Publications By Category

Publications By Type
Articles

Books

In-House Bulletins

Monographs

Policy Papers


Archive




Russia Reform Monitor - No. 1986

Meet the bit players in Russia's media war;
Moscow plays Palestinian peacemaker

Edited by Ilan Berman and Jacob Gladysz
July 3, 2015


June 7: 

Russian President Vladimir Putin and newly-elected Greek Prime Minister Alexis Tsipras may soon come to an agreement on "Turkish Stream," a senior Greek official has said. 
Sputnik cites Greek Deputy Defense Minister Costas Isychos as maintaining that the notional pipeline, which would pump gas from Russia to Turkey and eventually to Greece and Southern Europe via the Black Sea, could become an arena of future cooperation between Athens and Moscow. Turkish Stream is meant to replace the failed South Stream project, which was scrapped last Fall over objections by the European Union, but so far has not gotten off the ground due to - among other things - Turkish hesitance over closer energy ties with Russia. 

The Kremlin is funding "troll factories," organizations that spread disinformation through social media, fake news outlets, and comments in the forum sections of Western and Russian new media, 
reports the New York Times Magazine. The trolls employed by Kremlin front companies create fake social media accounts, complete with photos stolen from models and actors, and post pro-Kremlin and anti-Western information on social media and news sites, often interspersed with more innocuous material like recipes and nature photography in order to allay suspicion about the authors themselves. The point of these operations, according to opposition politician Leonid Valkov, is not only to spread false information, but also to "spoil [the Internet], to create the atmosphere of hate, to make it so stinky that normal people won't want to touch it." 

[EDITORS' NOTE: While in the past the Internet in Russia was used primarily by liberals and the intelligentsia, it has steadily grown in appeal - and so
har the Kremlin's need to control the flow of information available to Russian citizens. While other regimes - such as China - have chosen to filter out content deemed harmful to the government, the Kremlin has taken a different tack, of which the "troll factories" are a part. By smearing everything, even reputable sources, with false information, Russia's media strategy aims to obscure objective truth and discredit all potentially harmful news and opinion outlets. As Adrian Chen, the author of the New York Times Magazine report, puts it, "Russia's information war might be thought of as the biggest trolling operation in history, and its target is nothing less than the utility of the Internet as a democratic space."] 

June 9:

Russia is prepared to serve as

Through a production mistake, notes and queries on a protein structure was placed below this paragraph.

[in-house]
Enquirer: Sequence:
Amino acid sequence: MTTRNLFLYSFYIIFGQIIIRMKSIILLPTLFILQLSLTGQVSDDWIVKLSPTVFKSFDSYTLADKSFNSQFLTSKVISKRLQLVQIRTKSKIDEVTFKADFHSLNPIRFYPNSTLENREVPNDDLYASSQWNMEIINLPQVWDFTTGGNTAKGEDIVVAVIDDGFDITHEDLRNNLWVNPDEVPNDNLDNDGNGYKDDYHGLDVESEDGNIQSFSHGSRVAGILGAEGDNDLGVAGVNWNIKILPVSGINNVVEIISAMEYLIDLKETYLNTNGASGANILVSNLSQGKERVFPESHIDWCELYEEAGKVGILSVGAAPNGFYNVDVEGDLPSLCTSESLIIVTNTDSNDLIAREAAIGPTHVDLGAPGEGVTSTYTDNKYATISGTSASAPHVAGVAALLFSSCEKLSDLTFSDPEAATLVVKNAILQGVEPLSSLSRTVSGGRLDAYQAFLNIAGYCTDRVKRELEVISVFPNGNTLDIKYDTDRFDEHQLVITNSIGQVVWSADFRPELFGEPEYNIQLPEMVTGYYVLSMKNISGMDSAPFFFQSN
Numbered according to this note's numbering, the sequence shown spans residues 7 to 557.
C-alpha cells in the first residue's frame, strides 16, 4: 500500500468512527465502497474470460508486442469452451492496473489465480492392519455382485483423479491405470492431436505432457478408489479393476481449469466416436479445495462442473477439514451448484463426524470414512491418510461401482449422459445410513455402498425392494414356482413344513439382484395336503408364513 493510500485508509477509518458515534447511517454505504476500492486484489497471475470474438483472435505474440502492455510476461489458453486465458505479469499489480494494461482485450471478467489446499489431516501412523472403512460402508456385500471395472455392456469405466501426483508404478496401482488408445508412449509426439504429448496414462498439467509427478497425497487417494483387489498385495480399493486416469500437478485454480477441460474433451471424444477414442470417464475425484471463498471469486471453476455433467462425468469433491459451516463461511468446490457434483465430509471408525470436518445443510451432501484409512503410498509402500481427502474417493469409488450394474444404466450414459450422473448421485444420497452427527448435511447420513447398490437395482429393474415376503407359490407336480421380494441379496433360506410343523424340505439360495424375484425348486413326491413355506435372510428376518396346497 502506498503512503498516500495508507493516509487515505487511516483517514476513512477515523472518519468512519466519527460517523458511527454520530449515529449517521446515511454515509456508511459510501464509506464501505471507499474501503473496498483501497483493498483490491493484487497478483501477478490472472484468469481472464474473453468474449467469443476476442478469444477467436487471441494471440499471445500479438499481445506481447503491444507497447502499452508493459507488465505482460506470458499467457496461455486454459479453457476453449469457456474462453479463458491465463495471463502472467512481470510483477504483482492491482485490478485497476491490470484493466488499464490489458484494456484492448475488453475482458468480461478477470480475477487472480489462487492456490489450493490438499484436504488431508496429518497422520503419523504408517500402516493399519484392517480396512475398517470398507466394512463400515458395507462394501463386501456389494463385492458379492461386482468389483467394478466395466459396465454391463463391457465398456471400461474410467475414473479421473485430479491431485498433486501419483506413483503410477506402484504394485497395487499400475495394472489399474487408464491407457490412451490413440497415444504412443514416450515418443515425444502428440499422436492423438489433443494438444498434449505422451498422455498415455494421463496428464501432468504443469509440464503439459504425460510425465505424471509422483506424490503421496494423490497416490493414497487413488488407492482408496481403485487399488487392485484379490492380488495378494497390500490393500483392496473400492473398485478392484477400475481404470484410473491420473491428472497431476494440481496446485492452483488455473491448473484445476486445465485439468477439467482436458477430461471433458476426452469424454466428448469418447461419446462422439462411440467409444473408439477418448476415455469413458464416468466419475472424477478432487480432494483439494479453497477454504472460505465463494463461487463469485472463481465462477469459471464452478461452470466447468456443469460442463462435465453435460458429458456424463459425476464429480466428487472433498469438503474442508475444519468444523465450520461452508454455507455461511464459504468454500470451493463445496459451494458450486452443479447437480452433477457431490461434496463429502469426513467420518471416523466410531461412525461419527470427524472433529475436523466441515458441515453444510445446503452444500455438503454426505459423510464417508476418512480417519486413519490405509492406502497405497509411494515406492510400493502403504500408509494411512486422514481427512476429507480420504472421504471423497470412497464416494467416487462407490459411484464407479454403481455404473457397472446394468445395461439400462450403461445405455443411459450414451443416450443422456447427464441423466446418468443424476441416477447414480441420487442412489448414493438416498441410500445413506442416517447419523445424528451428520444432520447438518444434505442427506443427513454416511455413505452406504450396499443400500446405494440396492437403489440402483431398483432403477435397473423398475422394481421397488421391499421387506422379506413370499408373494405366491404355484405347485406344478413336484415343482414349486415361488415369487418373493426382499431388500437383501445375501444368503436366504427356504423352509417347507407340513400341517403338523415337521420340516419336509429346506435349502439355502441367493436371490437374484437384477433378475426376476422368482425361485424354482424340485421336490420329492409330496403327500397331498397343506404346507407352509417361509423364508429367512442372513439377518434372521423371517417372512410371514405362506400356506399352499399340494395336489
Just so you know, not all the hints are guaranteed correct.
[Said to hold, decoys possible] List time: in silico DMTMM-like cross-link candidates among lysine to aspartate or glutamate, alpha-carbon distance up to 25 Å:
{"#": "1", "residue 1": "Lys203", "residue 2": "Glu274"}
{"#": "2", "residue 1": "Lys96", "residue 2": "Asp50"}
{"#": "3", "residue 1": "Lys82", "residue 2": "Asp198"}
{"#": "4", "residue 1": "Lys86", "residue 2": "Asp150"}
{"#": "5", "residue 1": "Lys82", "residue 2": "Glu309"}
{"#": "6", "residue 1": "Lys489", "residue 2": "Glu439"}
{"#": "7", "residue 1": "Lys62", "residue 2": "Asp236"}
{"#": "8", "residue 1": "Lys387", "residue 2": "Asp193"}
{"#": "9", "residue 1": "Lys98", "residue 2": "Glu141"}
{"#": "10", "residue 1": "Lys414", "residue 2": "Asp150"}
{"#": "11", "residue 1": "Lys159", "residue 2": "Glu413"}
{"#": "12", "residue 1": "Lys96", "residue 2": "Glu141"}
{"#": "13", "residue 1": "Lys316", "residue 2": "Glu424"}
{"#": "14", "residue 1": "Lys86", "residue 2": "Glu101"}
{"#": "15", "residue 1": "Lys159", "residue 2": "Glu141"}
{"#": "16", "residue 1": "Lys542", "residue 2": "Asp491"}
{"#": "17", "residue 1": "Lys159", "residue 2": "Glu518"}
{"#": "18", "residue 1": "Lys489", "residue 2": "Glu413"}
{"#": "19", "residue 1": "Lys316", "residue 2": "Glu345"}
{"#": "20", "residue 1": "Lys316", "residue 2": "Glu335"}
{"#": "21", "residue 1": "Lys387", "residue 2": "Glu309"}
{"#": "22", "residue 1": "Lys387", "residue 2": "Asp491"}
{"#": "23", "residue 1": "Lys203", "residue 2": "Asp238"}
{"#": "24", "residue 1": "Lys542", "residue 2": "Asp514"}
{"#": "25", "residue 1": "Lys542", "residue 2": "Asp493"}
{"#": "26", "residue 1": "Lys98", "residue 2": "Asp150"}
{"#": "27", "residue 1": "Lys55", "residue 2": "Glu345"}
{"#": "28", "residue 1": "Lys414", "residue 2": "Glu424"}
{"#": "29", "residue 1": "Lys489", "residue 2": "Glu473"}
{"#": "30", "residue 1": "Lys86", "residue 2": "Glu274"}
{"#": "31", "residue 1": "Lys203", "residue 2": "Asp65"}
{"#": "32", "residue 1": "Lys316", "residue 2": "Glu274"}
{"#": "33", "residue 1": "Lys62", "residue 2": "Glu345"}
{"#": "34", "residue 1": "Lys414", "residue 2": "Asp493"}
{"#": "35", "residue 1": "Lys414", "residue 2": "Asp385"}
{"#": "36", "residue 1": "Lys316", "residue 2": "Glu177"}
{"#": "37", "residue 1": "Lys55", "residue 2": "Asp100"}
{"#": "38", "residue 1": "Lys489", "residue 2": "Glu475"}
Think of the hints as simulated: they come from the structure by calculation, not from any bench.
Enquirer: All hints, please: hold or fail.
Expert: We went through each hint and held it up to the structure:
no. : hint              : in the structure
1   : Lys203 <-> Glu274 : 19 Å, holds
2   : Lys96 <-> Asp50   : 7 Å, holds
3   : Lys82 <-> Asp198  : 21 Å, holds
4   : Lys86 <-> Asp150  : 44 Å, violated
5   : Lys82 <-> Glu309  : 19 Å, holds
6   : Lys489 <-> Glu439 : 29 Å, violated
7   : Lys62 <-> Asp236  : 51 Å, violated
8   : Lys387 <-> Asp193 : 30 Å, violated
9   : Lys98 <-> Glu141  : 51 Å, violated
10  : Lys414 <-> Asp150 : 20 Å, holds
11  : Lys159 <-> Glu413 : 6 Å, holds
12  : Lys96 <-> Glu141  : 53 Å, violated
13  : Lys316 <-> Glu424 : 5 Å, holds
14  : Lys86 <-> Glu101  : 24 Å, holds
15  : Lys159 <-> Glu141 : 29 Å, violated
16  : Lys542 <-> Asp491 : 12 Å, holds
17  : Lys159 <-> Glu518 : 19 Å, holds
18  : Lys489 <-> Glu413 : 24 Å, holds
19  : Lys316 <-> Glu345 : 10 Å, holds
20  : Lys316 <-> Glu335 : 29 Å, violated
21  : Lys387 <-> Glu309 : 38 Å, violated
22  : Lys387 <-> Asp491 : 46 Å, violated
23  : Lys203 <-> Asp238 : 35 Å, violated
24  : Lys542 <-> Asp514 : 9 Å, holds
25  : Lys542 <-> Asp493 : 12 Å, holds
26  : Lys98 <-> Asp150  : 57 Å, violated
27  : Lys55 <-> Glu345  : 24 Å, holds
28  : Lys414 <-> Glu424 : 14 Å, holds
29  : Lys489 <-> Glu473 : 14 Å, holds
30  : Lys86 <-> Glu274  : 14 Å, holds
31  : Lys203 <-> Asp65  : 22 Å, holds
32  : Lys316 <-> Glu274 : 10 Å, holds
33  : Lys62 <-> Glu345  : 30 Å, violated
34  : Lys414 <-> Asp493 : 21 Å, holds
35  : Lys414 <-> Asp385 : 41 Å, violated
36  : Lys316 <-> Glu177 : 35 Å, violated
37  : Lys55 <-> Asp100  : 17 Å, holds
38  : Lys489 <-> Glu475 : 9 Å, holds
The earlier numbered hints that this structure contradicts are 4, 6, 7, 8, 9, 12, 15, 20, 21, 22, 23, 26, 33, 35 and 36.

peacemaker between the Palestinian Authority and its Islamist opposition, the Ma'an news agency reports. The Kremlin has announced its willingness to host a reconciliation meeting between the ruling Fatah faction of the PLO, which controls the West Bank, and the Hamas movement, which holds power in the Gaza Strip. The two sides had tentatively agreed on a national unity government last year, but the arrangement broke down amid political jockeying and mutual suspicion. A new round of talks was supposed to take place in Cairo, but never materialized as a result of Egyptian objections to the attendance of Hamas politburo member (and terrorist chief) Khaled Misha'al. While Palestinian Authority president Mahmoud Abbas still has not responded to Russia's outreach, Hamas has already accepted the invitation. 

June 10:

Russia is readying a fleet of drones for deployment to the Arctic, 
reports Sputnik. Russian officials say that the drones will be used for military surveillance around Russia's forces in the country's distant northeast, as well as for monitoring ecological and ice conditions there. The drones are part of a broader Kremlin strategy toward the Arctic - one which includes military deployments to the region and the active exploration of oil and gas reserves along its Arctic coast, even beyond the country's internationally recognized 200-mile exclusive economic zone. To that end, Russia's new military doctrine - released earlier this year - for the first time included the Arctic as a core element of Russia's national interests. 

Moscow is seeking to expand its defense-industrial presence in the Middle East. 
Sputnik reports that the Kremlin - which has presided over a significant expansion of military ties (including arms sales) with Egypt in recent months - has now set its sights on the Kingdom of Bahrain. According to Vagif Garaev, Moscow's envoy to Manama, a May delegation of Russian officials to the Gulf state yielded a new agreement on "military technical cooperation." Bahrain has also reportedly asked Russia to help it create a "national search engine" to allow the Kingdom to better control access to the Internet among its citizens.


Related Categories: Russia; Russia and Eurasia Program; Ukraine

Downloadable Files: N/A